Duggie Fields is delightfully original. As he opened his door to his London flat, the ever immaculately dressed man, an evolved version of a 50’s rockabilly, confronted me. His dedicated style of a coloured blazer, accentuated eyebrows and a single kiss curl is so recognizable that Rei Kawakubo was inspired to base part of her menswear collection on him and three other artists, all of whom walked in the Comme des Garcons show as the brand’s version of themselves.

Fields moved into his Earl’s Court Square flat in 1968. He initially lived with Syd Barrett, the original singer and founder of Pink Floyd. Fields still lives in the same flat and works in Barrett’s former room using it as his studio. Fields is full of anecdotes around the music business, “I was friendly with other musicians such as Roger Daltry of The Who and later became very friendly with Marc Bolan at the time of his biggest success. He played Get It On for me in the other room right after he wrote it. I saw Madonna when she wasn’t famous. I saw her do one song in a club in New York and met her backstage afterwards and thought she was a brilliant performer but didn’t think she looked great”.

It is here that I arrived, excited as much to see the infamous space as to see his artwork. Fields’ work is clearly reflected in his lifestyle and his lifestyle in his work. The two clearly coexist and it feels like he himself stepped out of one of his paintings. I witnessed a magically bohemian mélange of bright colours, paint splashed floors, and unique personally designed furniture mixed with some rare finds. Fields’ paintings manage to sustain a coherent signature style while adjacently adopting themes of promiscuity, religion, pop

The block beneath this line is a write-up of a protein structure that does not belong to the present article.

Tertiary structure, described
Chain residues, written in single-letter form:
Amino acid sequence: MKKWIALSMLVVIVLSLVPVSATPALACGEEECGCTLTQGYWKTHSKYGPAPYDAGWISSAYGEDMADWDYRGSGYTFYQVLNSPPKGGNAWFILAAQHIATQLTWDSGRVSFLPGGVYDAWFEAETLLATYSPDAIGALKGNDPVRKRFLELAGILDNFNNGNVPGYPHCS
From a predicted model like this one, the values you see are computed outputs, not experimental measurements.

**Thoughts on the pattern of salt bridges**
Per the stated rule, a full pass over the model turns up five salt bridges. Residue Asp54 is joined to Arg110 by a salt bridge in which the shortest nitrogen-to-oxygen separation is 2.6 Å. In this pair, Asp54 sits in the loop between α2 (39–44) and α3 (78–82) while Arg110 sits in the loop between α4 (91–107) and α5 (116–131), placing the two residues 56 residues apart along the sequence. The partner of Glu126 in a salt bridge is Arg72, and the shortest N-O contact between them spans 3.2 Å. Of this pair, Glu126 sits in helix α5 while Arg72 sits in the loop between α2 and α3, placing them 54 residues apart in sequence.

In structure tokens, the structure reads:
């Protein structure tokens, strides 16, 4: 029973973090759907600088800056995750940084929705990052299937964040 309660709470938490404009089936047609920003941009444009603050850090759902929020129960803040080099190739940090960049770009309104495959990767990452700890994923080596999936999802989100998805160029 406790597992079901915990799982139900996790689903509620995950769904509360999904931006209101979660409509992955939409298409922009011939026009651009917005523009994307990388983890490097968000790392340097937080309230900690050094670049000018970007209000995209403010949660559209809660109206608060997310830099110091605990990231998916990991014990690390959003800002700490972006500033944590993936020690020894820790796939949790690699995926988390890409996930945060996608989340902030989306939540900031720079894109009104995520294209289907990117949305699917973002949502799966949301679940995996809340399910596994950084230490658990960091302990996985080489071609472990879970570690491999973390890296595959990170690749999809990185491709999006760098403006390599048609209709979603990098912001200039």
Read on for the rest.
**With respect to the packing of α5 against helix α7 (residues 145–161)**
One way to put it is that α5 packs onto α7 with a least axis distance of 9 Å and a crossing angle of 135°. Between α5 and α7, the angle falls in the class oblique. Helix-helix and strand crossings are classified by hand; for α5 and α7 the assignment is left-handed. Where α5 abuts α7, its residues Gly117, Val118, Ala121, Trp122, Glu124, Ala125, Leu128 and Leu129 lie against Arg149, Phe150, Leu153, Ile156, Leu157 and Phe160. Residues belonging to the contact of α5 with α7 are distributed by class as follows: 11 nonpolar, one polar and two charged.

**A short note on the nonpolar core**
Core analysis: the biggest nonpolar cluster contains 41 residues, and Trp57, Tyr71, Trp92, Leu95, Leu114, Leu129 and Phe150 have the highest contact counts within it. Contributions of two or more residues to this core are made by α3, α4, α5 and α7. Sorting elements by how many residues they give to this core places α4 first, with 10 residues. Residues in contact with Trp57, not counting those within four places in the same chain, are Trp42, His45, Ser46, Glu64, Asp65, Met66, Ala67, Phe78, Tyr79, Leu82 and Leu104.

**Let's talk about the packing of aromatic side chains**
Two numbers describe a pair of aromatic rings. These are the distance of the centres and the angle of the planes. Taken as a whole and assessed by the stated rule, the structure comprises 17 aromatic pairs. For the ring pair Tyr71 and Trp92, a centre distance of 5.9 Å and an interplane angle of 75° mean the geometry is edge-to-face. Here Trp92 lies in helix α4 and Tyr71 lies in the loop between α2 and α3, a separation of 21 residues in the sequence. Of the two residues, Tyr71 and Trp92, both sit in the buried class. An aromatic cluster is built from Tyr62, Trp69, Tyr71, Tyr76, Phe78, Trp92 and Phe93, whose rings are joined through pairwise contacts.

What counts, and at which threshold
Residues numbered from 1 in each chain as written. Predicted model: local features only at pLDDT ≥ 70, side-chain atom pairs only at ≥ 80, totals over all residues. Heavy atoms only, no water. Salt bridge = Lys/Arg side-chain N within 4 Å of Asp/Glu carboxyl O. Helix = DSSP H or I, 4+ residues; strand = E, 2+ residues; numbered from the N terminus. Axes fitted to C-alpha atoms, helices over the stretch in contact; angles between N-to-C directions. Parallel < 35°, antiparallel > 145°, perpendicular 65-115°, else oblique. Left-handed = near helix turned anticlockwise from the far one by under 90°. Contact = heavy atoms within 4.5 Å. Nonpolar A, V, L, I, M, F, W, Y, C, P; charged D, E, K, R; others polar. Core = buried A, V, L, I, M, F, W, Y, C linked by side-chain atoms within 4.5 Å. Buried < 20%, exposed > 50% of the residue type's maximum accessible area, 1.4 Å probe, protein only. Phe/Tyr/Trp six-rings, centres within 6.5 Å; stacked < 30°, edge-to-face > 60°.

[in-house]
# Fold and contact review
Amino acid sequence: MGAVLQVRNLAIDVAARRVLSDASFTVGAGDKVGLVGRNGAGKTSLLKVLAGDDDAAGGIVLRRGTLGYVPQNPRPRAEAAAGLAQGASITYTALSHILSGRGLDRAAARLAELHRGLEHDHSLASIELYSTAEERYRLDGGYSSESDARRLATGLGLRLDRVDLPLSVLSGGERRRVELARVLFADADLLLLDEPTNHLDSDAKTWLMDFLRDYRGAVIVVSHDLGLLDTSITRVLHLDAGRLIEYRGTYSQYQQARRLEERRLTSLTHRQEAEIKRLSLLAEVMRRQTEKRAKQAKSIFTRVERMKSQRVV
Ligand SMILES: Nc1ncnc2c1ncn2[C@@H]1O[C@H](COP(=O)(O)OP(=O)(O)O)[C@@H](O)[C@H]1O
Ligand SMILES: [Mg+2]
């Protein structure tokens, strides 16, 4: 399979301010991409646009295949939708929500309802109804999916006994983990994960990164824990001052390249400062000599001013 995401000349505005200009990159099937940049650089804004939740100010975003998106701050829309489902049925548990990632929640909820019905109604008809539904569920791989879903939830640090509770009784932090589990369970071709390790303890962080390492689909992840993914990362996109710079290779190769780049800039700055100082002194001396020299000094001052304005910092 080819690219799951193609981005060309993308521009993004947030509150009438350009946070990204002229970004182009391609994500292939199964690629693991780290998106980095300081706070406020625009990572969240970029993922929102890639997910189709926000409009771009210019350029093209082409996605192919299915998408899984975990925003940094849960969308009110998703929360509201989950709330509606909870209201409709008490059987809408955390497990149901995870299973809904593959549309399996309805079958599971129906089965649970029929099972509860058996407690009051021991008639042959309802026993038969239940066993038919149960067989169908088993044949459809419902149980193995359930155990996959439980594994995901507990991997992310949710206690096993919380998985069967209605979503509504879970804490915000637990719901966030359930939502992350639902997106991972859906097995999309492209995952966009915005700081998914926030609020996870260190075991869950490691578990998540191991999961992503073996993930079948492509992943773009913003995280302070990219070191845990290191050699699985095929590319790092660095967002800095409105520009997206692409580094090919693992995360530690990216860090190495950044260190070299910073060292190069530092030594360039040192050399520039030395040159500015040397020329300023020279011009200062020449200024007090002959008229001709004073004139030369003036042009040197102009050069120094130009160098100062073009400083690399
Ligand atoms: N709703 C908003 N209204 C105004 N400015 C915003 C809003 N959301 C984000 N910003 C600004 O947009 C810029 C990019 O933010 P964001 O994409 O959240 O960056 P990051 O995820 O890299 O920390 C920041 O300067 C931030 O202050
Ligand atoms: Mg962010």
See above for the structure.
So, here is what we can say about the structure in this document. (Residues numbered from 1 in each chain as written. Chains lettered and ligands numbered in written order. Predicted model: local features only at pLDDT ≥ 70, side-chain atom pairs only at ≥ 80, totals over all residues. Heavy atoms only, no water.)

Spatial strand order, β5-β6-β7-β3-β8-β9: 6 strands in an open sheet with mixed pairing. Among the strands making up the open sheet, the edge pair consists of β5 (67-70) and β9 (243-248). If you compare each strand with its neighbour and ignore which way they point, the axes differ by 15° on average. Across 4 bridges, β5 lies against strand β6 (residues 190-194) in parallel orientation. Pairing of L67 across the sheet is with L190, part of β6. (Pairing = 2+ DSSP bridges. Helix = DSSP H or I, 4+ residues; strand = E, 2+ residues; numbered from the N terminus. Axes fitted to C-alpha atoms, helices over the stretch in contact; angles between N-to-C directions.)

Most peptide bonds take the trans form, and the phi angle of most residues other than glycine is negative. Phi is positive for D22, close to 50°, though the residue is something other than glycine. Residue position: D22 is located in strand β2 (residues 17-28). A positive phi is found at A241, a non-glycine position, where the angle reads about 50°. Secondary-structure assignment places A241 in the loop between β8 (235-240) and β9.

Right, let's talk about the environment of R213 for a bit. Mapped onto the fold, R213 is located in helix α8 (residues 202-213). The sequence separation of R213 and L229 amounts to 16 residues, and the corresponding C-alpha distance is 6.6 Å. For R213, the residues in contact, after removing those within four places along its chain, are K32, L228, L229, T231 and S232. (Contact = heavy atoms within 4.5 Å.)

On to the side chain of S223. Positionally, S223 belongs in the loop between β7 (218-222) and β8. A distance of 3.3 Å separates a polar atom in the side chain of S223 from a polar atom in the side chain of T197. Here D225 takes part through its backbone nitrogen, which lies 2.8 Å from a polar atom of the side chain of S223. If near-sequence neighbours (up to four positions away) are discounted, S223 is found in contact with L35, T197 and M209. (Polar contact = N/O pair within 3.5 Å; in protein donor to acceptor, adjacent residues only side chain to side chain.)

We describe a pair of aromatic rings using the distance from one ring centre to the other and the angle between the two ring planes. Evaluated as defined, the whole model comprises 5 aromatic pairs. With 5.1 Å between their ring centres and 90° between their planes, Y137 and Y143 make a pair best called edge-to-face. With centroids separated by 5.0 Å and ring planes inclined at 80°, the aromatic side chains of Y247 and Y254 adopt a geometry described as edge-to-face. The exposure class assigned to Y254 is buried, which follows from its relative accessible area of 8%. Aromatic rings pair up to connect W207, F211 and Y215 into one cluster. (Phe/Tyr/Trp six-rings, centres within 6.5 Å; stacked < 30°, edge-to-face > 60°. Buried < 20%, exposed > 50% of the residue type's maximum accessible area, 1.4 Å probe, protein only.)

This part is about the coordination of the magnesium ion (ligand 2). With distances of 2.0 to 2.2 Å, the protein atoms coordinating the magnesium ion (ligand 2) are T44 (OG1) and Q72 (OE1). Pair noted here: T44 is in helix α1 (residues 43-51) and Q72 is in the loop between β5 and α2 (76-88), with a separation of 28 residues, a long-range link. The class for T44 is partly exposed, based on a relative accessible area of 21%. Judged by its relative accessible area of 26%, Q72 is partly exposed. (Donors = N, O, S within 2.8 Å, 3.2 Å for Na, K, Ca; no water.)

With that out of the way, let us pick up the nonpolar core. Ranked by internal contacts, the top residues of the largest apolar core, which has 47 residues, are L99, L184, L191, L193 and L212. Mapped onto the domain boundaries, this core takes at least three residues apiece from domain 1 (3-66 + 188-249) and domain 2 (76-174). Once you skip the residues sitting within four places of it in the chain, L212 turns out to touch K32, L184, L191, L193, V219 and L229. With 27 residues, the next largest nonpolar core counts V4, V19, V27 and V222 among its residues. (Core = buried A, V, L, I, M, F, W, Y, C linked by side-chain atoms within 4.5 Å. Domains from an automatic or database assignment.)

culture and violence. Amputated Donald Ducks, mutilated Mickey Mouses with their scalps sliced off, headless Marilyn Munroes and images of Fields himself are interspersed with references to Mondrian and Jackson Pollock, religious icons, sexual imagery and ballroom dancing.

Born in a Small village called Tidworth in 1945, Fields spent his youth in the English countryside before moving to Boreham Wood. Fields briefly studied architecture at Regent Street Polytechnic. In 1964 Fields enrolled at the Chelsea School of Art where he studied for 4 years. As a student, Field’s work progressed from minimal, conceptual and constructivist phases to a more hardedge post-Pop figuration. At the time, his main influences included Jackson Pollock, Mondrian and the comic books of Stan Lee. By the mid 70’s his work included many elements that were later defined as Post-modernism. “I would say that all the artists I have ever loved growing up are still inside me so they inform my visual sensibility. It’s hard to describe but I can’t see art without seeing them. It has to be Dali, it has to be Léger, it has to be Picasso, and it has to be Mondrian or Miro. They’re the ones that I saw when I was growing up”.

Read the full feature in the ART issue